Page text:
Utterly disheartened by the spies’ evil report, the Children of Israel fell into despair, rebelled against Moses and refused to enter Canaan. Their rebellion and their failure to enter the land is the subject of the midrash in Hebrews 3:7-4:11 which quotes from Psalm 95.
Unfortunately, the Hebrews passage is often pointed to as evidence that the literal seventh day Sabbath rest has been replaced by a ‘spiritual Sabbath’ for the People of God. This interpretation is far a field from the actual intent of the passage.
The writer of Hebrews warns the believers reading his epistle that just as God did not spare the generation of the wilderness, neither would He spare the current generation. He compares entering the land to entering faith in Messiah. Both Messiah and the entrance into the land came as the culmination of the covenant promises. Both Messiah and the entrance into the land require faith and obedience. “Those who disobeyed…were not able to enter because of unbelief,” (Hebrews 3:19) the writer of Hebrews says. “We who have believed enter that rest, just as He has said, ‘As I swore in my wrath, they shall not enter My rest,’” (Hebrews 4:3 quoting Psalm 95)
But what is the ‘rest’ which they were not able to enter? The writer of Hebrews points out that God’s rest began on the Sabbath following creation, but it has never ceased. He did not go back to work creating on Sunday. Therefore the Sabbath rest of God is an eternal Sabbath rest. It is the rest of the World to Come.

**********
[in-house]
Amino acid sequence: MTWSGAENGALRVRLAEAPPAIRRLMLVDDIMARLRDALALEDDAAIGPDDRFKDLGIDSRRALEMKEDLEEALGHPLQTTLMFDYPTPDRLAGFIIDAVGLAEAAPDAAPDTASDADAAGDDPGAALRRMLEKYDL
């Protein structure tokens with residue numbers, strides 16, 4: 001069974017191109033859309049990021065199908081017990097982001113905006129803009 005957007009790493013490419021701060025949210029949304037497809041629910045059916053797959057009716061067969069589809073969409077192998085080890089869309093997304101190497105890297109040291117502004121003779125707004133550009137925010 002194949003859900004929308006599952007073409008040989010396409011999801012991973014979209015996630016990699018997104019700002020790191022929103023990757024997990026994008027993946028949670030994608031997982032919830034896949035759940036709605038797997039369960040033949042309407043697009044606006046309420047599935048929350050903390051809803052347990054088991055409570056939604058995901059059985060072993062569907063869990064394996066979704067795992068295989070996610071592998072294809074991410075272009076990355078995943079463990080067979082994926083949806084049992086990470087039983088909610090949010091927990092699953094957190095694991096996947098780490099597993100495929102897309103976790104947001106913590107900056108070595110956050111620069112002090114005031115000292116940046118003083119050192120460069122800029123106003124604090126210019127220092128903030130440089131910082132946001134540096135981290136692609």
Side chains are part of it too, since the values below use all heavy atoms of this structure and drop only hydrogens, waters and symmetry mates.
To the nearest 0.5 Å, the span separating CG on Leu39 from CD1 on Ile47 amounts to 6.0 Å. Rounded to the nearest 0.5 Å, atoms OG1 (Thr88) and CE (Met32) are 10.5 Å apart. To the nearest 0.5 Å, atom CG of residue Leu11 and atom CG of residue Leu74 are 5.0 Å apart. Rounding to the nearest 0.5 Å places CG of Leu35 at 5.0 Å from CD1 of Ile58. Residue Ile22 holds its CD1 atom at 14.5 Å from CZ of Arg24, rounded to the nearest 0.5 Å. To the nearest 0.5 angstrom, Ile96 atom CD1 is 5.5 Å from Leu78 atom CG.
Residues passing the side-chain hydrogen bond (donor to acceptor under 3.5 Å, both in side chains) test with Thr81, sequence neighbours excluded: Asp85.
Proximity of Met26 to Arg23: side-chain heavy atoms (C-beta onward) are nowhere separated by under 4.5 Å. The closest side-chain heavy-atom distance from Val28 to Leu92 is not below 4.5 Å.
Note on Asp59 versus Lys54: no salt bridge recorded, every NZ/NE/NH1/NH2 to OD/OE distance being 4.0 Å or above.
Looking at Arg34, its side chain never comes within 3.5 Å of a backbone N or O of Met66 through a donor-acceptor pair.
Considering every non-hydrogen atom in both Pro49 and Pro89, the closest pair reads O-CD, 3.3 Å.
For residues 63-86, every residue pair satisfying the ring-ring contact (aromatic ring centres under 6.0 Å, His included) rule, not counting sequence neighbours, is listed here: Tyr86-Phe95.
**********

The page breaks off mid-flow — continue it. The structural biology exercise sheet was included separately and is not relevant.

There remains a Sabbath rest for God’s people, and it is something more than merely the seventh-day Sabbath, and it is something more than merely the Promised Land.
The generation in the wilderness is used midrashically as an example. The writer of Hebrews says, “Indeed the gospel was preached to us as well as to them; but the word which they heard did not profit them, not being mixed with faith in those who heard it.” (Hebrews 4:2) From the perspective of the writer of Hebrews (a First Century Jewish believer writing to other First Century Jewish believers) the situation is analogous to that of the generation about to enter the land.
The entrance into the Promised Land and the message of Messiah are similar because, just like the Promised Land, Messiah is the culmination of the whole Torah. Everything’s been leading up to this point. Just like being poised on the edge of the Promised Land, the believers he was writing to were poised on the edge of the World to Come in Messiah. “[It is] the World to Come of which we speak.” (Hebrews 2:5)